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Mess-Free Graphene Growth
Nov 2009
ITHACA, N.Y., Nov. 16, 2009 – Single layers of carbon atoms, called graphene sheets, are lightweight, strong, electrically semiconducting – and notoriously difficult and expensive to make.

Now, a Cornell research team has invented a simple way to make graphene electrical devices by growing the graphene directly onto a silicon wafer.


A conceptual illustration of an array of graphene transistors having the thickness of one single carbon atom. (Image: Shivank Garg/Cornell)

Graphene has off-the-charts electrical properties and remarkable strength, despite its one-atom-thick sheets, so it often is hailed as potentially supplanting silicon in electronics. But making it in large quantities is a challenge, and scientists have turned to methods as crude as using Scotch tape to pull off a layer of graphene from graphite, the material found in pencil lead. Such a technique for producing graphene never would survive manufacturing, especially since it would create varying numbers of layers at random positions.

“You can imagine trying to peel a piece of shrink-wrap off a dish to put it on a new dish – it’s going to be messy,” said lead researcher Jiwoong Park, Cornell assistant professor of chemistry and chemical biology.

Inspired by previous work in which scientists grew graphene on copper foil, the team grew the graphene directly onto silicon wafers coated with a special evaporated copper film. They cut the graphene films into the desired shapes using such standard methods as photolithography, then removed the underlying copper with a chemical solution. What was left was a graphene film that draped down over the silicon wafer with little defect.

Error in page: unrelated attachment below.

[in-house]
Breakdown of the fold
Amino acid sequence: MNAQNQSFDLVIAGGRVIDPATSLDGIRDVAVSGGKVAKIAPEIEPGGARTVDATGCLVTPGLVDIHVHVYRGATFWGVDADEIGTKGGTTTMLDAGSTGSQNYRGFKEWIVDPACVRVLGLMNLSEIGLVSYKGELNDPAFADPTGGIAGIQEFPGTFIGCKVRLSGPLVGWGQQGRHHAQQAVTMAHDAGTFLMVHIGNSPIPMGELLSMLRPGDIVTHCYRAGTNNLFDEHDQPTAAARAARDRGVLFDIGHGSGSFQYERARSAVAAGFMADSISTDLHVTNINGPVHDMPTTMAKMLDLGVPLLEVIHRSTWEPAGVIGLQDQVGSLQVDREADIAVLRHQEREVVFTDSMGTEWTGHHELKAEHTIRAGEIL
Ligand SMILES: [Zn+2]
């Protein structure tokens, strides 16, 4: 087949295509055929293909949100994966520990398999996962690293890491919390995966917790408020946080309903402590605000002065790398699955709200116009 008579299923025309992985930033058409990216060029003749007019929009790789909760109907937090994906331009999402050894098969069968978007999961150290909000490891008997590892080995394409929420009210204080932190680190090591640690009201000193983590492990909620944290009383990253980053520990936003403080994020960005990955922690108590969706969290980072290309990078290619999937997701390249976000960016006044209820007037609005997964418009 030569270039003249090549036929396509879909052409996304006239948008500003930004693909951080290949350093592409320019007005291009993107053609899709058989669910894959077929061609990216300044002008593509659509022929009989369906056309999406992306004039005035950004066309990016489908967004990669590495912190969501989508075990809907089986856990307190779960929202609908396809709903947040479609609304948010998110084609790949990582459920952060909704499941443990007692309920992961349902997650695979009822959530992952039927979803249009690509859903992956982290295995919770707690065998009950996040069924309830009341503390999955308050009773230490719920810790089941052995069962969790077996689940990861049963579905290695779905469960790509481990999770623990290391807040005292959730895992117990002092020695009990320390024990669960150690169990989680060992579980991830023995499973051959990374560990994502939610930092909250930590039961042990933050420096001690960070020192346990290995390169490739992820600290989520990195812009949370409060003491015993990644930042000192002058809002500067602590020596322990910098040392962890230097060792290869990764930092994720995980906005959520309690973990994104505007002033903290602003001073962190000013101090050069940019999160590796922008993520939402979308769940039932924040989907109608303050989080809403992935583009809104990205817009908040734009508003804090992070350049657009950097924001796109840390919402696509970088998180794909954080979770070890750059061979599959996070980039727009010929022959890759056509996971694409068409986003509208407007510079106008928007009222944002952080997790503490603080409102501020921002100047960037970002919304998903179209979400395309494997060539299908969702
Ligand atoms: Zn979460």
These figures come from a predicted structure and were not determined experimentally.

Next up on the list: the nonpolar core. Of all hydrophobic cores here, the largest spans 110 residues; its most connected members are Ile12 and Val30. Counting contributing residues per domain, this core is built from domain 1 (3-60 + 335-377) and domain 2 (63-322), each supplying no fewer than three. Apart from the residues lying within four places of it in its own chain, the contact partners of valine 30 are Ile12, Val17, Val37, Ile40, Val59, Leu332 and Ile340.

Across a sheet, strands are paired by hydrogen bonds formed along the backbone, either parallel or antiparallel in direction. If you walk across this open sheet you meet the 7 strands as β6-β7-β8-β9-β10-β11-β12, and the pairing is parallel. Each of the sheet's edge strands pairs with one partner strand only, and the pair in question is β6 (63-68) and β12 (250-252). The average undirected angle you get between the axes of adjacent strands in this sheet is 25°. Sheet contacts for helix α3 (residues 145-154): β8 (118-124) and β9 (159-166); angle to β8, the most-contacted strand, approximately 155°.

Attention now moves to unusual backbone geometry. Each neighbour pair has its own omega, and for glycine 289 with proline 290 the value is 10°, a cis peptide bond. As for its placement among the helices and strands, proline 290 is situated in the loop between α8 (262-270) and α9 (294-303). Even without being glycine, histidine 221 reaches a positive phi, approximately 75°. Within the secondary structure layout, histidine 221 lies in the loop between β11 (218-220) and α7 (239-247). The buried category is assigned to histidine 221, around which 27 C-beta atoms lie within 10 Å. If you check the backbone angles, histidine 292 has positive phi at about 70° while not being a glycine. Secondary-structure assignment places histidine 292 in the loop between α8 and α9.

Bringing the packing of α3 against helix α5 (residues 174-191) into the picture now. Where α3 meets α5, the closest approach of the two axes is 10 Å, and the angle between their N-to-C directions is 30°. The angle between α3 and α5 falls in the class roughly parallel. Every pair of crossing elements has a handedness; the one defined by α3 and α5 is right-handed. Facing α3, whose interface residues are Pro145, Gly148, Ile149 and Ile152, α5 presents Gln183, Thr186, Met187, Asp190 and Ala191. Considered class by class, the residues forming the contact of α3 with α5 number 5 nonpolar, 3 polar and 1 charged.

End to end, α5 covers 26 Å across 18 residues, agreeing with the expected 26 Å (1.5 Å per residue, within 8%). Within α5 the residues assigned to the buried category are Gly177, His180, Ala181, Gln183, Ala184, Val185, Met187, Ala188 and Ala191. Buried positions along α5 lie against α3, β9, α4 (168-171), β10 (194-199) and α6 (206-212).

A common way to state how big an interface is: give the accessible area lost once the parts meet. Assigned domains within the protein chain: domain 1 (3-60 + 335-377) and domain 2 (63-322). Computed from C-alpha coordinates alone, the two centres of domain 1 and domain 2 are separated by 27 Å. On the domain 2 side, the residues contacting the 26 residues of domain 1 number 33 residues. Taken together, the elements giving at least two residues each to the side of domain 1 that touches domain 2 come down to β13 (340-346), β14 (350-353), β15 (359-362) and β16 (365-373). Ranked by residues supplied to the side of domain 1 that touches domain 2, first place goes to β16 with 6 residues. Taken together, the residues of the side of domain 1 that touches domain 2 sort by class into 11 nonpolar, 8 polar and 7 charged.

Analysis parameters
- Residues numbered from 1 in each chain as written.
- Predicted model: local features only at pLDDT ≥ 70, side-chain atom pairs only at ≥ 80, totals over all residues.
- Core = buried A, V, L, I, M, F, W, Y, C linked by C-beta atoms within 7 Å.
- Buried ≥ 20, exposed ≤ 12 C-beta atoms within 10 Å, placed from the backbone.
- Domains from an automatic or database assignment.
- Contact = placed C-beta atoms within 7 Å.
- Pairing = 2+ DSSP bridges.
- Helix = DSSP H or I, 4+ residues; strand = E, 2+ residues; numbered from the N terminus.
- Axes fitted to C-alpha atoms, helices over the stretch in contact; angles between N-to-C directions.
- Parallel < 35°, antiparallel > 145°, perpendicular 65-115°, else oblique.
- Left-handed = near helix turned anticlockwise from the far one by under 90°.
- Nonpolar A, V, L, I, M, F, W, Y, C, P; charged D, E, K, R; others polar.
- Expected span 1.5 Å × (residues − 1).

“Once the graphene is made on top of this wafer, you can apply any thin-film processing technique,” Park said.

The team now is experimenting with growing full-scale, 4-in. graphene wafers to further demonstrate the manufacturing potential of graphene-based electronics.

The paper’s first author is Mark P. Levendorf, a graduate student in chemistry, and co-authors are Carlos S. Ruiz-Vargas, a graduate student in applied and engineering physics, and Shivank Garg (’10), an undergraduate majoring in chemistry. The work was funded by DARPA and the Cornell Center for Materials Research.

The work was published online Oct. 27 in the journal Nano Letters.

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That branch of science involved in the study and utilization of the motion, emissions and behaviors of currents of electrical energy flowing through gases, vacuums, semiconductors and conductors, not to be confused with electrics, which deals primarily with the conduction of large currents of electricity through metals.
The technology of generating and harnessing light and other forms of radiant energy whose quantum unit is the photon. The science includes light emission, transmission, deflection, amplification and detection by optical components and instruments, lasers and other light sources, fiber optics, electro-optical instrumentation, related hardware and electronics, and sophisticated systems. The range of applications of photonics extends from energy generation to detection to communications and...
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